After a weekend of football and board games, I'm finding that video games have more in common with the former.
It was a rough weekend for Bay Area football fans. It was an especially rough weekend for Kyle Williams, the San Francisco 49ers' kick returner. His two unfortunate fumbles were crucial parts of the 49ers' defeat and the end of their Super Bowl run. Now that the disappointment is starting to wear off, I find myself able to appreciate the disastrous sequence of events in an academic sense. There's something exciting about a game in which the most carefully designed strategies can be dashed by unforeseen events. Football is a beautiful combination of meticulous planning and implementing those plans under pressure, a description that also apples to most video games.
In the fourth quarter, Williams accidentally got too close to a short punt. The ball bounced off his leg, thereby allowing the Giants to take possession and score. When it happened, you could tell by Williams's body language that he didn't believe it: He just knew the ball didn't touch his knee. He didn't plan on touching it, he didn't want to touch it, and he didn't feel it. Unfortunately, the video footage proved otherwise. A huge, intricate game plan was dashed by random chance and a tactical miscue.
Regular video game players have all been there. How many times have you mapped out a game plan, only to later alter it amidst the chaos of trying to implement it? You start a level of Mario and make a plan: you'll dash across that pit, double jump over those spikes, kick that enemy out of the way, and grab the 1up sitting on that floating platform. But then, something goes wrong: you fall down that pit. But you just know you pressed "A." You felt your thumb mash the button. You saw the pit plain as day. Deep down, you know what really happened: you messed up.
From the earliest days of Spacewar! and Pong, video games have excelled at offering these two-part challenges. Winning requires that you understand the rules and have planned a strategy for success. You know what you have to do because you've learned how the mechanics and dynamics function within the game world. However, just like G.I. Joe told us, knowing is half the battle. Almost every video game genre requires you to carry out these strategies under pressure: timers, enemies, complex button patterns, and a host of other challenges force you to combine dexterity and poise with mental preparedness.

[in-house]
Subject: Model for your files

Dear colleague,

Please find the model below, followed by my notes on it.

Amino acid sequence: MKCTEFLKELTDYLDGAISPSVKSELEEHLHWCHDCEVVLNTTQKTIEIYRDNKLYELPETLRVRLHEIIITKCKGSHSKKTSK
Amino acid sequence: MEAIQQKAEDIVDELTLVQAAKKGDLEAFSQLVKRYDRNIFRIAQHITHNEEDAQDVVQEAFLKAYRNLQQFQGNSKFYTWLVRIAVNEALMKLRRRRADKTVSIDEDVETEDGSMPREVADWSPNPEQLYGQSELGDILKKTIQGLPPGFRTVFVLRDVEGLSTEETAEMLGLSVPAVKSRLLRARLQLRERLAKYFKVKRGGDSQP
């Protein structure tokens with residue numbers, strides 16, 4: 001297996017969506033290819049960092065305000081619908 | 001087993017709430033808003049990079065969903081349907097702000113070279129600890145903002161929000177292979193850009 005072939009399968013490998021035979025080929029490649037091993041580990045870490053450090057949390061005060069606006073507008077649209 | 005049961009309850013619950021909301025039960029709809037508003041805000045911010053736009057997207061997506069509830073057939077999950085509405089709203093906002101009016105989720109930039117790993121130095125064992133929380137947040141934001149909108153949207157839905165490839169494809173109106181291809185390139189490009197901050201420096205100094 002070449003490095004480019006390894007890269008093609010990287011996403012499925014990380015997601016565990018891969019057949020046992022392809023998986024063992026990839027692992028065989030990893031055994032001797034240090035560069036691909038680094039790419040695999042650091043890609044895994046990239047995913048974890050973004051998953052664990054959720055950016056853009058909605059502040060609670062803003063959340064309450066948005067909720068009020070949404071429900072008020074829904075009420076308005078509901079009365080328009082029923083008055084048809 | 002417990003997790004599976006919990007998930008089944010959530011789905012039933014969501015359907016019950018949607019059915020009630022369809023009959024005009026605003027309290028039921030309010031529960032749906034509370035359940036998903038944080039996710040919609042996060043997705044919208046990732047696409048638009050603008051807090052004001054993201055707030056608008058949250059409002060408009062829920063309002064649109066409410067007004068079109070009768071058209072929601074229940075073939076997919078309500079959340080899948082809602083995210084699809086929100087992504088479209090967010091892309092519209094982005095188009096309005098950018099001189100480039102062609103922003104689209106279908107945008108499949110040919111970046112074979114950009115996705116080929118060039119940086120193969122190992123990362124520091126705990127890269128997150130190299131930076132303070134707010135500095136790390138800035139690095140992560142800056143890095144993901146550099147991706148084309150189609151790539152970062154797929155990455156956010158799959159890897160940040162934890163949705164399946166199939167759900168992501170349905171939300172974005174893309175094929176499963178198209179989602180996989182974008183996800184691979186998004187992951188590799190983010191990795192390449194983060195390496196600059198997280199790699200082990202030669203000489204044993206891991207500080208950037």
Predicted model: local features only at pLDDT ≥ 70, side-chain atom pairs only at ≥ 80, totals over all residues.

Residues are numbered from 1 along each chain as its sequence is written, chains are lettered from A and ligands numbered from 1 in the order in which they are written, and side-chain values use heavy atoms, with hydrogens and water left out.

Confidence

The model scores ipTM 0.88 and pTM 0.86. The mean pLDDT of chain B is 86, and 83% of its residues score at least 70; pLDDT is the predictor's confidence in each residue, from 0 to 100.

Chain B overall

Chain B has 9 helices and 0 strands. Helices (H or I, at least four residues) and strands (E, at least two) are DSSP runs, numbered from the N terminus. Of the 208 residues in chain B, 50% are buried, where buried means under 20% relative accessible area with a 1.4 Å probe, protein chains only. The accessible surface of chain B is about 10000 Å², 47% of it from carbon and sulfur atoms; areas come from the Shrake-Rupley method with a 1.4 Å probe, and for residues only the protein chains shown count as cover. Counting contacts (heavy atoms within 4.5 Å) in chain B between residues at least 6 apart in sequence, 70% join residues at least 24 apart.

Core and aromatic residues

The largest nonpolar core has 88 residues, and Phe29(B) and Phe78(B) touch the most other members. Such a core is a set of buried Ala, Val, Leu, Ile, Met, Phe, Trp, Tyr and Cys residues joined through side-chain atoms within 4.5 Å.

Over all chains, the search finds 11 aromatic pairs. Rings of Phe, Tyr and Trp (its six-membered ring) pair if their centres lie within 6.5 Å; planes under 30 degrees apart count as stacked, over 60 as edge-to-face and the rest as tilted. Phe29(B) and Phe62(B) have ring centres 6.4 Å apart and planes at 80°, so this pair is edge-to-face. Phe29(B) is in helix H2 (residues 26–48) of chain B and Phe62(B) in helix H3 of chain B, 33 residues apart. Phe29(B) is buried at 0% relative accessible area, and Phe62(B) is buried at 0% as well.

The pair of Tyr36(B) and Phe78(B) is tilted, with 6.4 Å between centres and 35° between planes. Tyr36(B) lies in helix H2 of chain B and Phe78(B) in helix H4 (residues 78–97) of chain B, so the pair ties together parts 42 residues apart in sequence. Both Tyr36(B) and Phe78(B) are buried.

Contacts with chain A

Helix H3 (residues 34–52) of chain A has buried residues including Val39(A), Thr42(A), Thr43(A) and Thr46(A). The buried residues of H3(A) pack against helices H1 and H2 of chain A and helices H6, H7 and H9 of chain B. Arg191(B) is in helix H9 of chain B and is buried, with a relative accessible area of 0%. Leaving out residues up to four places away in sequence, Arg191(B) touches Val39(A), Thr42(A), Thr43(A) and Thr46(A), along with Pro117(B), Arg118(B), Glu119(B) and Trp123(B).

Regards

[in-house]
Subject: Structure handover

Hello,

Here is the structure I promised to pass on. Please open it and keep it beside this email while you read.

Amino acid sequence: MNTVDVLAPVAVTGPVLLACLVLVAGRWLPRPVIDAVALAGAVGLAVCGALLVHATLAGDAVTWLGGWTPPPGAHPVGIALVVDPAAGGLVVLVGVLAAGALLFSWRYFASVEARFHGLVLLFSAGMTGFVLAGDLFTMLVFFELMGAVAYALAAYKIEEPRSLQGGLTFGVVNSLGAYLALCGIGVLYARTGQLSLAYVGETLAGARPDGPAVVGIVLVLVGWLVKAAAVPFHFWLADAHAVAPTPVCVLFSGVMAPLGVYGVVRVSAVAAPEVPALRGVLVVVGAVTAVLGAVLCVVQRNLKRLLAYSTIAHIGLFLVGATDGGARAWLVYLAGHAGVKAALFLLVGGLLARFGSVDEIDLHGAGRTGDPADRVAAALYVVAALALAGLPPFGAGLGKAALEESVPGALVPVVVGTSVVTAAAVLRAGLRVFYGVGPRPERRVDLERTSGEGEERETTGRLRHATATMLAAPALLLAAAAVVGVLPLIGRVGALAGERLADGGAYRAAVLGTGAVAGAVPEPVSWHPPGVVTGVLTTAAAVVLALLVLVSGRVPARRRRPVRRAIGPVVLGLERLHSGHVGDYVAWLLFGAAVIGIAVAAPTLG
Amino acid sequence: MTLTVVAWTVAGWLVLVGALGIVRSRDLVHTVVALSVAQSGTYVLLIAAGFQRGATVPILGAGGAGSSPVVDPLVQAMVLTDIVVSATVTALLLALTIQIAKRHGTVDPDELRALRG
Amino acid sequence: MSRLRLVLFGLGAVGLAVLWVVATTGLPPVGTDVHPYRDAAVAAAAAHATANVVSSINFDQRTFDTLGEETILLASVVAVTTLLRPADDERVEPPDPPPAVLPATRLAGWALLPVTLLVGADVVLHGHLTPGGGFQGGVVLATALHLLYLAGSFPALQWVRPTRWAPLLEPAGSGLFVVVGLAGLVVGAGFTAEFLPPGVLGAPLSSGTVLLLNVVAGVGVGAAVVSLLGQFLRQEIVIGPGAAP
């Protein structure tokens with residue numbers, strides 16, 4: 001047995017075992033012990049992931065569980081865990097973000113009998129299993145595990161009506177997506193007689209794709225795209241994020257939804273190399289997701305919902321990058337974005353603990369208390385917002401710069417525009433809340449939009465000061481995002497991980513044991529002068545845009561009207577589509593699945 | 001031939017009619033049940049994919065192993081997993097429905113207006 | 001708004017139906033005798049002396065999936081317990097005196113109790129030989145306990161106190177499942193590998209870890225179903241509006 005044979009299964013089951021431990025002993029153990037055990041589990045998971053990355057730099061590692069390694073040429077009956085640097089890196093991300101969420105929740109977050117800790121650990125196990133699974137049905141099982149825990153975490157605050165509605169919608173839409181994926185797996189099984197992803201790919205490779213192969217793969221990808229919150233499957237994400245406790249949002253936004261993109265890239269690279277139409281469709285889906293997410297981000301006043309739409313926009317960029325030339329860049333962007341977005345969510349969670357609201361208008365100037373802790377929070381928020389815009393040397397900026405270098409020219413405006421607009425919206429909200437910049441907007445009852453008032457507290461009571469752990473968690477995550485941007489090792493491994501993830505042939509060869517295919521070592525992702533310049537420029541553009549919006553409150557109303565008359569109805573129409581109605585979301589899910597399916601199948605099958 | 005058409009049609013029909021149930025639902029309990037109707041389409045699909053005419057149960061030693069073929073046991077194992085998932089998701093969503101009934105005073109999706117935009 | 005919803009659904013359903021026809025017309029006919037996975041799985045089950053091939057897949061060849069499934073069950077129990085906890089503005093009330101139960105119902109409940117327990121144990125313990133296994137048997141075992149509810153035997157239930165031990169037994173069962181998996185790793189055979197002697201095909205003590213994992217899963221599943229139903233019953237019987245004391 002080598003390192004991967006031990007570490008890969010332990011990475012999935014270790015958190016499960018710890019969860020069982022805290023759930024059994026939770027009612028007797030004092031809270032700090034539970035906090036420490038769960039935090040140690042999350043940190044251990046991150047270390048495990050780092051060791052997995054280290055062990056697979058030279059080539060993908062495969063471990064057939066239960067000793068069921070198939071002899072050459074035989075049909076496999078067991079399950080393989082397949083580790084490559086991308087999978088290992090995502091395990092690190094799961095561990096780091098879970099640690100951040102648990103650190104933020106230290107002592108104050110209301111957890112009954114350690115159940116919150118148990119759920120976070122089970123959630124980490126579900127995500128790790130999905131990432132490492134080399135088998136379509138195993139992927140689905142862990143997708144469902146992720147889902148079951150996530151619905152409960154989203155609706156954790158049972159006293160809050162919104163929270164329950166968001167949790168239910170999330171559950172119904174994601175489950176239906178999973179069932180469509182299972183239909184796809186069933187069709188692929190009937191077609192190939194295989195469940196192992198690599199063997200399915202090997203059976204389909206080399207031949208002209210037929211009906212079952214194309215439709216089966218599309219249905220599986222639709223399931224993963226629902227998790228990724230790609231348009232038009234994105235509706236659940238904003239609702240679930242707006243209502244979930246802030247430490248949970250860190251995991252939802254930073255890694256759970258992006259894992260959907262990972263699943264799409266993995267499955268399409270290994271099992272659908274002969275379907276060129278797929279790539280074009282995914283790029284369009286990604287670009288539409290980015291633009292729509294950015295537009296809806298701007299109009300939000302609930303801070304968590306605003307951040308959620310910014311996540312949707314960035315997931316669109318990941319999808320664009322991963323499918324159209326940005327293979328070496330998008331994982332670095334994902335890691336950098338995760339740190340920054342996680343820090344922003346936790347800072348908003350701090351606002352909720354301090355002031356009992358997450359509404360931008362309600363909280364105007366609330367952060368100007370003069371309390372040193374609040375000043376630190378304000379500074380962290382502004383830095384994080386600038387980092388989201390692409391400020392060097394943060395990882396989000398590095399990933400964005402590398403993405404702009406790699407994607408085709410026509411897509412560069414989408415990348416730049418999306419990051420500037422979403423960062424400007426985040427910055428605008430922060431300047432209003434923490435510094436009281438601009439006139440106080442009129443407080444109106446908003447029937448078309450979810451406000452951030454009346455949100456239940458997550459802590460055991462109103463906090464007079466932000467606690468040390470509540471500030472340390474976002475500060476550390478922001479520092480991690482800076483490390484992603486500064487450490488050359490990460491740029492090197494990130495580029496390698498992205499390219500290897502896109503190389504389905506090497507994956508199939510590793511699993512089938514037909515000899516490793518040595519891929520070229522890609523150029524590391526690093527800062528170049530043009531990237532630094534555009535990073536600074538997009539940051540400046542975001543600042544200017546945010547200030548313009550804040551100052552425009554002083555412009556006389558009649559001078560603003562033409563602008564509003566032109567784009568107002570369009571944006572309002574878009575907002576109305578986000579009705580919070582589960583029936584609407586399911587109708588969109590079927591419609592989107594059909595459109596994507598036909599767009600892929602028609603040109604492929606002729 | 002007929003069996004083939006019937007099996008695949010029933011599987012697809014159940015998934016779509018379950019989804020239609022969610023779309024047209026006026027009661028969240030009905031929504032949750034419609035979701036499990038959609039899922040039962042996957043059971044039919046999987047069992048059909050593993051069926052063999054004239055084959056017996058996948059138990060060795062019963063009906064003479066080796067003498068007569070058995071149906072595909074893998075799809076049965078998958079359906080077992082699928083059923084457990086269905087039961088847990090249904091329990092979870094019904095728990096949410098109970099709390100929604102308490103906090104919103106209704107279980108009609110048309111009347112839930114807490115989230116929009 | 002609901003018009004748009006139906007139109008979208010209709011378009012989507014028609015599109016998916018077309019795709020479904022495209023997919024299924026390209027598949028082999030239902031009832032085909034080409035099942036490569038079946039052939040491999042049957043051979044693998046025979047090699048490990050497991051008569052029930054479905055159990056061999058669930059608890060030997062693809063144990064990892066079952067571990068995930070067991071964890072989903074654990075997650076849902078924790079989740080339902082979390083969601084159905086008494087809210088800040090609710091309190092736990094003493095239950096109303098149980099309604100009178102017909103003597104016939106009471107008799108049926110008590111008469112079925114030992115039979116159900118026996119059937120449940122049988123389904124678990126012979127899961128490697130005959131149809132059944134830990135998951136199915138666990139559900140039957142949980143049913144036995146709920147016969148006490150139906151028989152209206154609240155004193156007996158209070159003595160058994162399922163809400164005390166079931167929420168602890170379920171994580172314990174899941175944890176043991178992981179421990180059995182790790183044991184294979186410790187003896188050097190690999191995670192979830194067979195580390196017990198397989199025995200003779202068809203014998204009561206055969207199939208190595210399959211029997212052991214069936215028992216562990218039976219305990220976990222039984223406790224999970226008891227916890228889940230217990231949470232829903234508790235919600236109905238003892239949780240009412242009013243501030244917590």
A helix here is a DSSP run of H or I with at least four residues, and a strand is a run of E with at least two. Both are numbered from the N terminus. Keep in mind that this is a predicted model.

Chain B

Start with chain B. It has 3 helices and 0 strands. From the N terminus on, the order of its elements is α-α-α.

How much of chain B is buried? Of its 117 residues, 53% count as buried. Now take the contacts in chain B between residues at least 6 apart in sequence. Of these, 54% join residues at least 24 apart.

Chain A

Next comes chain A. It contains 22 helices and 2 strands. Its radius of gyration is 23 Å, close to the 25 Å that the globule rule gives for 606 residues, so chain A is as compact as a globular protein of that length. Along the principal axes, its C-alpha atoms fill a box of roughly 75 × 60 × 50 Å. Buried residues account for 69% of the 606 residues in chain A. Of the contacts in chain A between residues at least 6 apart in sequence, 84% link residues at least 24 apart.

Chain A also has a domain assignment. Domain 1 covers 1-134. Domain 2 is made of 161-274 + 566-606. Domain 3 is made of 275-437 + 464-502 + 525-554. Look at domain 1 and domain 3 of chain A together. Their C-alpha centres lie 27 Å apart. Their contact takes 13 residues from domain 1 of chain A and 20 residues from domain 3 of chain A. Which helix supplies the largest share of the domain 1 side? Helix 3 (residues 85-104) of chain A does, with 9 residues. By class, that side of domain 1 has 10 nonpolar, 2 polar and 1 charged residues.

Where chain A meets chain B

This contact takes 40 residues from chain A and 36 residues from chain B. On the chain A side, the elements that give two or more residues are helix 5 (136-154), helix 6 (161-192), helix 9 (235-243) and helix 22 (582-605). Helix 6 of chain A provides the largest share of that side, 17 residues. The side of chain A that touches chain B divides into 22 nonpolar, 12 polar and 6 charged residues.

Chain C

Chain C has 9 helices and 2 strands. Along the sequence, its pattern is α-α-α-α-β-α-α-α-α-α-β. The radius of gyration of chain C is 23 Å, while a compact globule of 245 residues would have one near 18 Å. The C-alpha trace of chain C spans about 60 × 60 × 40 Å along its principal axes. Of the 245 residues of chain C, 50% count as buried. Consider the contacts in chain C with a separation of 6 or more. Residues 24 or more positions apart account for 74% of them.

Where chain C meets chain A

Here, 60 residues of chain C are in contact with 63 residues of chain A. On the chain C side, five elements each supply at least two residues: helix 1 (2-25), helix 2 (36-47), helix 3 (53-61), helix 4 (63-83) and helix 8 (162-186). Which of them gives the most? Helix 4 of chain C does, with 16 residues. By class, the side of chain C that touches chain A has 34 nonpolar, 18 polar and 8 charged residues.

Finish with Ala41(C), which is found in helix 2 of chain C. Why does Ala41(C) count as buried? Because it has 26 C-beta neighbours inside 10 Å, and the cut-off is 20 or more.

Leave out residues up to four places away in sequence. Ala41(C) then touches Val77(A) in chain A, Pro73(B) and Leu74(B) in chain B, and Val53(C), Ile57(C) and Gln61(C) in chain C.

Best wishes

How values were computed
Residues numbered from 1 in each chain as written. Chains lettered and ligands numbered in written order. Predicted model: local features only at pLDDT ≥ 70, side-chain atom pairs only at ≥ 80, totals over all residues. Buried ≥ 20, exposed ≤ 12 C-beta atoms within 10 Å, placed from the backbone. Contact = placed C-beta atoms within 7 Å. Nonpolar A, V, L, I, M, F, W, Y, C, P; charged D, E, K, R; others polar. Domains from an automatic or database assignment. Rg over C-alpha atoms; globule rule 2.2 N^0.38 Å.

Understandably, people often compare video games to board games. True, there is plenty of overlap in terms of rules and audience, but the two media have undergone a crucial divergence. Last weekend, I also played Game of Thrones: The Board game with my friends (you can read about our experience here). As that backstabbing rogue Kirk said, the game was over four hours of intrigue, negotiation, and fateful decisions. I had a good time but was struck by how orderly everything was. Of course, there was plenty of uncertainty, but even unexpected events like battles or double-crosses proceeded according to rules that could be precisely described and measured. Even if one were to add more chaos to the game (perhaps by random dice rolls that simulate damage taken in battle), the game would have no way of modeling the way that some people adapt to unexpected situations. Whether a game is completely ordered or incorporates details of randomness, it's difficult to simulate fear, pressure, apprehension, and mistakes. The kind of randomness generated not by rules, but instead by great players working within those rules, is an elusive achievement.
Sports and video games offer glimpses at the intersection between planned and spontaneous action. After the 49ers game went into overtime, Williams again lost the ball after an opposing player knocked it out of his hands. Williams undoubtedly was trying to be careful, but there was no way to measure his caution, nor was there any way to quantify the skill of the player who caused the fumble. The field was a combination of planned movements, random chaos, and players dynamically adapting to that chaos. Watching a high-level play in Halo offers a similar perspective. Although there are certain basic mathematical rules governing the game, the battle dynamics consist of players trying to translate strategy into tactics. Sometimes, things just fall apart and a new strategy is formulated on the fly. Any such plan requires steady aim, a quick trigger finger, and knowledge of your surroundings.
The point is that both turnovers and headshots are achieved when players inhabit a hybrid space, a space in which a game's rules, a player's skill, and randomness intersect. The mental and physical skills required to play a video game are definitely different than those required to play football, but anyone who has ever watched competitive fighting game players knows that even the most brilliant tactician can be felled by an opponent with fast hands. At this point, the line between "sports" and "eSports" gets blurry. Perhaps its time to ditch pesky first vowel?
Now, in the aftermath of the 49ers' loss and in anticipation of a Superbowl comprised of two teams that I generally root against, I can at least take some solace in the fact that the whole ordeal has helped crystalize my understanding of what distinguishes video games from other media. Of course, all this is probably little consolation to Kyle Williams and the rest of the 49er faithful.
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